I'll admit to a case of nostalgia after the Institute's recent State of the City Mayor's Forum. Awash in memories, two oddly stand out right now.
As chief of staff for the mayor, I can say that I never enjoyed a political job more. We swung at every pitch. At this point I was seven years removed from being a student at Xavier.
There are many small pleasures serving in office and one of mine was the creation, through the mayor's office, of the Cincinnati Summer Basketball League, which was notable, most of all, for the opportunities it gave to our players. The mayor took the Cincinnati Basketball All Stars on the road to Boston and Washington and three of our kids got college scholarships and one went to the NBA (LaSalle Thompson-University of Texas.) Many of the kids brought their clothes in Kroger grocery bags because they didn't own a suitcase as they had never gone anywhere before. It wasn't like negotiating peace in the Middle East, but our kids got exposure and experience otherwise unavailable. Then again -- there's still no peace in the Middle East, is there?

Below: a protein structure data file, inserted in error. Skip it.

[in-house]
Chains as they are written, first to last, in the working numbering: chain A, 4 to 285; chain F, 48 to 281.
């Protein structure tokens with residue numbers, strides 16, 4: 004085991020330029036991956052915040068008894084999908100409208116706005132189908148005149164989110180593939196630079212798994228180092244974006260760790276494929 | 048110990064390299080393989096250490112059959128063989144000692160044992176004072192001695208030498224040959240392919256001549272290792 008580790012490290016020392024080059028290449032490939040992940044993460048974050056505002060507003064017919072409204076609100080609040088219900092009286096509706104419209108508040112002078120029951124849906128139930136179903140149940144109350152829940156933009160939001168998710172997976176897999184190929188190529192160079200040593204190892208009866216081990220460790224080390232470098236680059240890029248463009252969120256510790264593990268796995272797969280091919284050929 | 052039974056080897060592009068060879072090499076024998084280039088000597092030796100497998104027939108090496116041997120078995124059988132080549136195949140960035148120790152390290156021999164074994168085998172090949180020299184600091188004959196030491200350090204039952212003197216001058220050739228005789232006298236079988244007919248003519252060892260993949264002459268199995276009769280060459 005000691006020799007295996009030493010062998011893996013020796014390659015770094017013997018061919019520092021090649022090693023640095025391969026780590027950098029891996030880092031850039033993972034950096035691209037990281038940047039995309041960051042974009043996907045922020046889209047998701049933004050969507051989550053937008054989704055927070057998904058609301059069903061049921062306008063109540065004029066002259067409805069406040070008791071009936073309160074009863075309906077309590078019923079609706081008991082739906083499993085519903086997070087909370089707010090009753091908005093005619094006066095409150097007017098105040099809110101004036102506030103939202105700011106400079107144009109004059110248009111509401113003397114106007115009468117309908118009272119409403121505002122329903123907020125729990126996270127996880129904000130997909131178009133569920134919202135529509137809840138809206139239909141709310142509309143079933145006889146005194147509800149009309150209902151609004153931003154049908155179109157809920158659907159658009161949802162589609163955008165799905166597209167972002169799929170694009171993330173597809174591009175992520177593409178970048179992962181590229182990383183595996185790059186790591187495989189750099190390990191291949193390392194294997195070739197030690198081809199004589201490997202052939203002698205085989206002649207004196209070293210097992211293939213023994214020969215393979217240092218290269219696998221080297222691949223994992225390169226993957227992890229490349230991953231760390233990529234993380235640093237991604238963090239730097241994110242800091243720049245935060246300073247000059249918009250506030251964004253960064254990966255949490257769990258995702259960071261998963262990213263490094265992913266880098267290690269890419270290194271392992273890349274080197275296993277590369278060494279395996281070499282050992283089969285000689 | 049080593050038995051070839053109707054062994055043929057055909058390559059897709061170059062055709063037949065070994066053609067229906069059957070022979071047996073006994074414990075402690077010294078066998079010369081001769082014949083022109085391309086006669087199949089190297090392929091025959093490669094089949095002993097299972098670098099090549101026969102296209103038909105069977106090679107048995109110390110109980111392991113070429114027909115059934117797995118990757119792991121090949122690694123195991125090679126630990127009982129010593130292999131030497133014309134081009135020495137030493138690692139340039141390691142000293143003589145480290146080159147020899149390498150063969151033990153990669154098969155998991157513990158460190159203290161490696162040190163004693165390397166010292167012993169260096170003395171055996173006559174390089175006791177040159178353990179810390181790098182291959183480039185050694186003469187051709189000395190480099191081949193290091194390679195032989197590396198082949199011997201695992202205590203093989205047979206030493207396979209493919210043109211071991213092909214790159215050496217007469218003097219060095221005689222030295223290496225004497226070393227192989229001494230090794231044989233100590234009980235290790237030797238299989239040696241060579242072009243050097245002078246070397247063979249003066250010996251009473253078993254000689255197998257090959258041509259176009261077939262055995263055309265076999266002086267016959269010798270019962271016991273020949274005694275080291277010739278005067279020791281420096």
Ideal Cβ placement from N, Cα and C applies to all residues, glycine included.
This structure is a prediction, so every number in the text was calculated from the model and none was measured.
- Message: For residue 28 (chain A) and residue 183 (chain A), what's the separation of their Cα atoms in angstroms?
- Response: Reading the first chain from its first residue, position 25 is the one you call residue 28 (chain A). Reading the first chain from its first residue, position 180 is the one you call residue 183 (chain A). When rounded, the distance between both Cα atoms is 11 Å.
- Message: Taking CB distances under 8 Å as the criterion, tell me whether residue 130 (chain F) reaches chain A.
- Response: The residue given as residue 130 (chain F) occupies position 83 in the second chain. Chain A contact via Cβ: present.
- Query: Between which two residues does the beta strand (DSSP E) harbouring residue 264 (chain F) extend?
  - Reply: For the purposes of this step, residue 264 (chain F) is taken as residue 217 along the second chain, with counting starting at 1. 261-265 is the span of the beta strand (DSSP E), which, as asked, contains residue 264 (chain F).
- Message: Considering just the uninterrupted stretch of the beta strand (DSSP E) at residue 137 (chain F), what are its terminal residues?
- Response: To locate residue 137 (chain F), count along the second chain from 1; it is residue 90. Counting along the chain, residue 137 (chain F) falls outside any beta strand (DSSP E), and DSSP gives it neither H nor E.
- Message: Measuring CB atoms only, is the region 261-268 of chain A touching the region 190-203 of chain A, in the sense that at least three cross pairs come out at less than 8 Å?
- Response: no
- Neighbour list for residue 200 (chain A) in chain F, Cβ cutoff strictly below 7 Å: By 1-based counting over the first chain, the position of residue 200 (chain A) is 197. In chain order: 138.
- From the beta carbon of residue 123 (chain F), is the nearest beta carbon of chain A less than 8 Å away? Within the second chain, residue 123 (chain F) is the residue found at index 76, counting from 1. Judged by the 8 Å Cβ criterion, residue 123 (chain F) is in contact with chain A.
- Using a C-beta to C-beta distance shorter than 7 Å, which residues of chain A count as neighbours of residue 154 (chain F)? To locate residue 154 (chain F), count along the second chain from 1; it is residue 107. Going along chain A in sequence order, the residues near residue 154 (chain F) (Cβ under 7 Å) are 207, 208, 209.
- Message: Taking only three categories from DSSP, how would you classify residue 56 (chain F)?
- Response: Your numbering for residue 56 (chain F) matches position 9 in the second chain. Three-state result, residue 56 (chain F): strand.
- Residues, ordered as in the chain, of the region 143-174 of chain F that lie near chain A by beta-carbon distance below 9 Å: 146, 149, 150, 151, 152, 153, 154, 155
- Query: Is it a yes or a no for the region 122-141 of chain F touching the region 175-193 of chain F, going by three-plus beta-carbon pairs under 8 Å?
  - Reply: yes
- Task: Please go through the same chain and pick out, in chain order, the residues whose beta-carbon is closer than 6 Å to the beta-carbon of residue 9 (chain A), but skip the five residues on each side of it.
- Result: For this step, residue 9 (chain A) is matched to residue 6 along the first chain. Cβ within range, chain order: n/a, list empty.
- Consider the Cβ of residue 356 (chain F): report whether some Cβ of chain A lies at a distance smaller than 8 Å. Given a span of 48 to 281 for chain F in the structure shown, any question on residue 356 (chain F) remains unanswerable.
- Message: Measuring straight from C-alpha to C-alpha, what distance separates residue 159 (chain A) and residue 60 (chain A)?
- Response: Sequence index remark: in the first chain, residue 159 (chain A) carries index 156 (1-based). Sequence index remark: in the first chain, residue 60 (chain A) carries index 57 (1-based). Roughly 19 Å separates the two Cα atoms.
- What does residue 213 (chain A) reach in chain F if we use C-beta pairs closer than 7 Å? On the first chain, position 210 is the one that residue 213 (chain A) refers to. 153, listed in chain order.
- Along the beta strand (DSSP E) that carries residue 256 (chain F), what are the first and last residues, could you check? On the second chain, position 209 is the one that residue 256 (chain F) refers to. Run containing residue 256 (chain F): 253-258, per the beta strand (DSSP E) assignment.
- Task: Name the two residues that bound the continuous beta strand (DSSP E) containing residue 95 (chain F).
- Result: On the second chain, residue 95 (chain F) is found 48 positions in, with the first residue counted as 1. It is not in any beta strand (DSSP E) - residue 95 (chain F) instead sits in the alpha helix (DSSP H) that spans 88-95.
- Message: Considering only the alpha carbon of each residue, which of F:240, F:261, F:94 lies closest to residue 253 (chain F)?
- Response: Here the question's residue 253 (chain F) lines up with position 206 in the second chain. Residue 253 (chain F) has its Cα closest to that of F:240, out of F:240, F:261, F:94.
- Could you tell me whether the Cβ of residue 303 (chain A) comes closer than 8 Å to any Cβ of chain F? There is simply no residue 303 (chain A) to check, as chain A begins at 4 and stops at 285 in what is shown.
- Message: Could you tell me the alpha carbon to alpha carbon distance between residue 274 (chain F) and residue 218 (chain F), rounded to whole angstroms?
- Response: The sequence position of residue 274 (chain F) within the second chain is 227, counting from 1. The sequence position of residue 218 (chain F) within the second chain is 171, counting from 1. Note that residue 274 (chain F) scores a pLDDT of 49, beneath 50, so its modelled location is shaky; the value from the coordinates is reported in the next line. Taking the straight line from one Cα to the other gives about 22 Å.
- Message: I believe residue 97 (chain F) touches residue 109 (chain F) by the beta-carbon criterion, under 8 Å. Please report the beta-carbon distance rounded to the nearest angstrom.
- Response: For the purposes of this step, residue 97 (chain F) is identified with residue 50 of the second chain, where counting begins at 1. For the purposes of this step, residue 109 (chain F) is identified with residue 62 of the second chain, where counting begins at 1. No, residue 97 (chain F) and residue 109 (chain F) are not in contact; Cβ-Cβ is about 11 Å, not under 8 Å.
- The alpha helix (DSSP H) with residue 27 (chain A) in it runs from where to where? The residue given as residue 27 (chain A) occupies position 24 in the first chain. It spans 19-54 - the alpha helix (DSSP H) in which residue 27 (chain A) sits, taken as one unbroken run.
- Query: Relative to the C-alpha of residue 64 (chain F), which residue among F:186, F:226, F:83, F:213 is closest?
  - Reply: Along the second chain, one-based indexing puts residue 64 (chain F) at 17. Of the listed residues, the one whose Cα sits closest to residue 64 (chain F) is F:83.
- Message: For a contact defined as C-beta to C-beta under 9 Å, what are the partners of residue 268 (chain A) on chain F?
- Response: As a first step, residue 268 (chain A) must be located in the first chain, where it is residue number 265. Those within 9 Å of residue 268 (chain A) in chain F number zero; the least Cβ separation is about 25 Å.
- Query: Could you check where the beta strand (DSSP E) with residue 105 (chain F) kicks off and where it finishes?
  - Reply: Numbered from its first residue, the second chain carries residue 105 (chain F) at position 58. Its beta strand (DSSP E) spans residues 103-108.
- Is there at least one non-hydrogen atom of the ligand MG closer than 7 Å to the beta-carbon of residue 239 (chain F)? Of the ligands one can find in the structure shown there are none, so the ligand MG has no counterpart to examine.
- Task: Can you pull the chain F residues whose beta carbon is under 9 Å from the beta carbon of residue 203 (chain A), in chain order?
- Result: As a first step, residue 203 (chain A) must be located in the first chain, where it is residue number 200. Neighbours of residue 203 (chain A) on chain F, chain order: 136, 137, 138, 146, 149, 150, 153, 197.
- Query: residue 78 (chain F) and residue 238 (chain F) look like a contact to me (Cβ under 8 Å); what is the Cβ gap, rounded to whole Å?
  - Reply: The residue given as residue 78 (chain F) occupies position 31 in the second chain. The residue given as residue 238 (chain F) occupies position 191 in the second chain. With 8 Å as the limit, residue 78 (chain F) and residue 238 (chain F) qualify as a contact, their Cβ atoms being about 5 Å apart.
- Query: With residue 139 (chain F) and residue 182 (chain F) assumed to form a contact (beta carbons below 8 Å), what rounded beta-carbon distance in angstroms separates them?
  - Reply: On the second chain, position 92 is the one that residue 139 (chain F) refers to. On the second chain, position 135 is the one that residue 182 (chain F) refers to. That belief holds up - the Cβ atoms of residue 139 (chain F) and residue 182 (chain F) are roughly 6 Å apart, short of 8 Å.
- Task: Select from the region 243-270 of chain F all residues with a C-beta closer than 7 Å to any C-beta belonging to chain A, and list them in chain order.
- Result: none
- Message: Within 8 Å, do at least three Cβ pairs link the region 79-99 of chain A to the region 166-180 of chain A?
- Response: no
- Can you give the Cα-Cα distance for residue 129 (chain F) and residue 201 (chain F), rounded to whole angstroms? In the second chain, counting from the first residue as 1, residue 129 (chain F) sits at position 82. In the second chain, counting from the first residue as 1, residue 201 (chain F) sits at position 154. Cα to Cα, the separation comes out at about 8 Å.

Cincinnati was the first place I remember where the now classic fight was waged over the use of public funds to build a sports venue for a wealthy sports team owner. This fight is still going on across the country today with owners threatening to move their teams if they don't get new stadiums with highly profitable luxury boxes. Over the years, as a political consultant, several of my mayors faced these threats and my advice persistently was always the same and always ignored: "Don't let the door hit you on the way out." Too much of the public psyche is tied to professional ball clubs, and it's crazy. What happened to capitalism? This is a form of social welfare. We built a campaign against it and, in the end, the arena was built, but with private funds, and it thrives today as a concert and show venue even though the hockey team moved to Buffalo long ago.